Cincinnati Reds honor Pete Rose with stadium statue

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Pete Rose, Major League Baseball’s all-time hits king, was honored on Saturday by the Cincinnati Reds with a statue outside the team’s Great American Ball Park, Fox Sports reported.

Rose, aka Charlie Hustle, who played with the Reds from 1963 until 1979, posed in front of his statue – which depicts Rose in his iconic headfirst slide. He signed as a free agent with the Philadelphia Phillies prior to the 1979 season, and played his final three seasons of his career, 1984 through 1986, with the Reds.

Rose, 76, served as a manager for the Reds from 1984 to 1989. He amassed 4,256 hits during his career, and remains the majors’ all-time hits leader.

On Saturday, on a sizzling 90-degree day, thousands of fans packed the entrance to Great American Ball Park to see Rose tug on the edge of a tarp, slowly revealing a bigger-than-life sculpture.

Rose was joined by fellow members of the Big Red Machine, including Hall of Famers Johnny Bench, Tony Perez and Joe Morgan, all of whom have stadium statues.

"It's just an honor to be on the same block with these guys," said Rose, who is banned from Cooperstown because he bet on baseball. "This has to be the ultimate goal for any player of his or her sport."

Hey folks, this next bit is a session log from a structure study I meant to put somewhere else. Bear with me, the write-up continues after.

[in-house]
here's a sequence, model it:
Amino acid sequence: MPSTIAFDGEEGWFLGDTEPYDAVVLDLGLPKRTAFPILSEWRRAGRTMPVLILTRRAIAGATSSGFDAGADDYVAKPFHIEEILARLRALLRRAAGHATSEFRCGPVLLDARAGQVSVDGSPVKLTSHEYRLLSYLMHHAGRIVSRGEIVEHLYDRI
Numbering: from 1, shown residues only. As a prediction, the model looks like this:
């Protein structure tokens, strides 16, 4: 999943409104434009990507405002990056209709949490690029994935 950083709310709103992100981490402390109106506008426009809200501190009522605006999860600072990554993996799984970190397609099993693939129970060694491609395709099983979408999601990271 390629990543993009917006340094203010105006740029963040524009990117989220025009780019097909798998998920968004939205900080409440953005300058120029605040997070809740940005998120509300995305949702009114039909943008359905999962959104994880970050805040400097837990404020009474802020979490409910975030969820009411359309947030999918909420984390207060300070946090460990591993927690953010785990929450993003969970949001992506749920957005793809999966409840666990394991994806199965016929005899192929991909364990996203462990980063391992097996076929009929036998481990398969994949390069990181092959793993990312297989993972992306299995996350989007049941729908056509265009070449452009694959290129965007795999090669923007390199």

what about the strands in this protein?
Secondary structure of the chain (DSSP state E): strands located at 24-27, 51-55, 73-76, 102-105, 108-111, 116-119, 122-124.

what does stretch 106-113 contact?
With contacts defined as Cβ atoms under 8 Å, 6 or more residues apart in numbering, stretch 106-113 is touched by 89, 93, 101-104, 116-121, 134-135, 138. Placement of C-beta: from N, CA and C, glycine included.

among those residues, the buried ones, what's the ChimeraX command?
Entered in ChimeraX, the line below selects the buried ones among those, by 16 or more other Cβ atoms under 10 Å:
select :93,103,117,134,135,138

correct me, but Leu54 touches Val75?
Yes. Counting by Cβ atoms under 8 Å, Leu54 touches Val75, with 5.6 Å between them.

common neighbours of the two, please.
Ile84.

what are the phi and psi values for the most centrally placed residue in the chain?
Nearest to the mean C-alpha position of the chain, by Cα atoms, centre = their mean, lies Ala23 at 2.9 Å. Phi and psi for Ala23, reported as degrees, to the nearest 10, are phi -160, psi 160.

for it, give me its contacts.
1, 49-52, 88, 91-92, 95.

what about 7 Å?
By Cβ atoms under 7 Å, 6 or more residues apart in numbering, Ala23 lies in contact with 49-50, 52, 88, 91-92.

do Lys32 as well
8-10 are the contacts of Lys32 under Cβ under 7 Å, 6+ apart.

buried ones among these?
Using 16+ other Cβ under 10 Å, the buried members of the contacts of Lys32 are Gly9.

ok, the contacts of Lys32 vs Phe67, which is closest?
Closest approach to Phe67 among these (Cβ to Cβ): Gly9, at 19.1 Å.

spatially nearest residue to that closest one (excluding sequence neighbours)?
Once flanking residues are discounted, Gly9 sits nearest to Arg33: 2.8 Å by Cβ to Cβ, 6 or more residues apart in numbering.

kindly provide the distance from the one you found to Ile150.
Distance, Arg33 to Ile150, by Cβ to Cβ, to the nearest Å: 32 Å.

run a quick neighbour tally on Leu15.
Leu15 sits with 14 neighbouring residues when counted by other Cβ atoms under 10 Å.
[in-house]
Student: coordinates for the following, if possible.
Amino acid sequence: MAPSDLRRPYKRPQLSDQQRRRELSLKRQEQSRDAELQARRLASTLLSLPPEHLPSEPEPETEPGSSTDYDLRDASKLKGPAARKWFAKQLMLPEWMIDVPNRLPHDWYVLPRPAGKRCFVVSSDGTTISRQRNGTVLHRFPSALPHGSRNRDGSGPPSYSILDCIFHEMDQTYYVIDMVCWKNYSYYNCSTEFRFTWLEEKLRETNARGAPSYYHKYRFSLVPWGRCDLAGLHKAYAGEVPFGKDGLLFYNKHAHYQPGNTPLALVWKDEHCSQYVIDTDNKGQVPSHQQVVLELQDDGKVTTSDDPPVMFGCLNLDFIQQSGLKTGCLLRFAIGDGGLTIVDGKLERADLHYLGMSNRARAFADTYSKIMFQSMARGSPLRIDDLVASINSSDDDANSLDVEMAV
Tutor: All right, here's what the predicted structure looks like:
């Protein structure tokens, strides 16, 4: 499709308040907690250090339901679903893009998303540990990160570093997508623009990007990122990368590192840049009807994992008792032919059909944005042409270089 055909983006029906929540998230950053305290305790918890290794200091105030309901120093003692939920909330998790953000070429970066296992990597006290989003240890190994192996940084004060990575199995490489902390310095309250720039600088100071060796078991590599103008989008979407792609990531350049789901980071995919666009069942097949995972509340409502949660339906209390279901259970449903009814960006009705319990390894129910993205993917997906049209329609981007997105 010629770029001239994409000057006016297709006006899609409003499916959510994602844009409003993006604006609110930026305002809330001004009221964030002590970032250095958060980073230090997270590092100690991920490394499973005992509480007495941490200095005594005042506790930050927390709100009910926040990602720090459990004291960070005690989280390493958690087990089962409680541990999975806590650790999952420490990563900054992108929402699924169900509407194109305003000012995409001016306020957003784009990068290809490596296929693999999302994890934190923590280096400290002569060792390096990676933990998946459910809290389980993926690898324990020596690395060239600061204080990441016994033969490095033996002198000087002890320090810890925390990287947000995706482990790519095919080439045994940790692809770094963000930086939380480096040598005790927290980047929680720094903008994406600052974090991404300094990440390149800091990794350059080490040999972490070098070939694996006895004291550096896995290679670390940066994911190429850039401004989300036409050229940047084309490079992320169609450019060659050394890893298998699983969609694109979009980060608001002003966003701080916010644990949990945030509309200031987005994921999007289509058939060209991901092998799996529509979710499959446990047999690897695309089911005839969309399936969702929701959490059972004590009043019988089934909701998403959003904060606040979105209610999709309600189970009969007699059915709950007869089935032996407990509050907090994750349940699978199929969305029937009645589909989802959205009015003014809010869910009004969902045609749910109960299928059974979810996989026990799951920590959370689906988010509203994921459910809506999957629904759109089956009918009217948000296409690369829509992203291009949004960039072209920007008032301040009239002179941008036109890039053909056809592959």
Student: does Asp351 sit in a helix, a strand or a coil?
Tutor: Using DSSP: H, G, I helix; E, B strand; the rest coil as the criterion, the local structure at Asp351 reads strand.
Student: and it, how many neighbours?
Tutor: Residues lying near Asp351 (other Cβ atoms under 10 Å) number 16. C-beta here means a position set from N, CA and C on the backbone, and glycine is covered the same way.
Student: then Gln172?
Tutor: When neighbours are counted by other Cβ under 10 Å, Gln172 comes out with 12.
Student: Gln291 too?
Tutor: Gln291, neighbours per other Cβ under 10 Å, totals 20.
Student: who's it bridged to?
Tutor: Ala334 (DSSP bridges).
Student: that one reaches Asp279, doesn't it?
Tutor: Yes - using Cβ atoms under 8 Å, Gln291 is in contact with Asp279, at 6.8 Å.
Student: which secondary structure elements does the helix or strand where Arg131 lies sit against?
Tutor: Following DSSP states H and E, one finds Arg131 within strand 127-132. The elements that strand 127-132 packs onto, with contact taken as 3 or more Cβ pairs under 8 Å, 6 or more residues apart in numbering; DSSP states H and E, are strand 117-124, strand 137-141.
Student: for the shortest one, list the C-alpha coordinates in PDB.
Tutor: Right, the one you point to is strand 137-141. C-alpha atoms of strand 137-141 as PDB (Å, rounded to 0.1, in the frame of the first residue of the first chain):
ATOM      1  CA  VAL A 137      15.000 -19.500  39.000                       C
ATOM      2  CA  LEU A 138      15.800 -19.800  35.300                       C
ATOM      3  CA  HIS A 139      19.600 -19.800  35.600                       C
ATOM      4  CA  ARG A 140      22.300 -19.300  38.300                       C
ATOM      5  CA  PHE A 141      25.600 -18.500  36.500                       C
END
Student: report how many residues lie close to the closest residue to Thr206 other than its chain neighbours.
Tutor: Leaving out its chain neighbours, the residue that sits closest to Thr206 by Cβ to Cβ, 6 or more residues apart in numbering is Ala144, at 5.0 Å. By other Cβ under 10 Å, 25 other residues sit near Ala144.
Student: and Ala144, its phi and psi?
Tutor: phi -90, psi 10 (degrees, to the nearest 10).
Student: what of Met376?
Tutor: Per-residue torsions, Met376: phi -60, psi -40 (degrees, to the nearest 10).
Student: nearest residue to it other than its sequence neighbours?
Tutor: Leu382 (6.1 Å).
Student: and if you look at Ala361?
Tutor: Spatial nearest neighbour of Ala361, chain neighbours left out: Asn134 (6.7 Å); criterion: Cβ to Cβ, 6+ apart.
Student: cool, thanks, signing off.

During a media availability, Rose addressed the strained relationship he once had with Bench, who was inducted into Cooperstown in 1989. Rose noted that baseball's investigation of his gambling consumed that summer and overshadowed Bench's big moment. Rose said he would have been upset, too.

"Believe me, I didn't ask for that investigation," said Rose, who denied for years that he had bet on baseball before finally acknowledging that he had.

Rose said the two of them have a good relationship. Bench agreed, teasing him about their failed partnerships in a bowling alley and a car dealership.

'If that don't make any sense, you can go to hell.'

— Pete Rose

Rose also took issue with suggestions that the Reds spend too much time honoring the Big Red Machine that won World Series titles in 1975-76. Rose said that honoring those teams and players also honors the franchise.

"If that don't make any sense, you can go to hell," Rose said.

The Associated Press contributed to this story.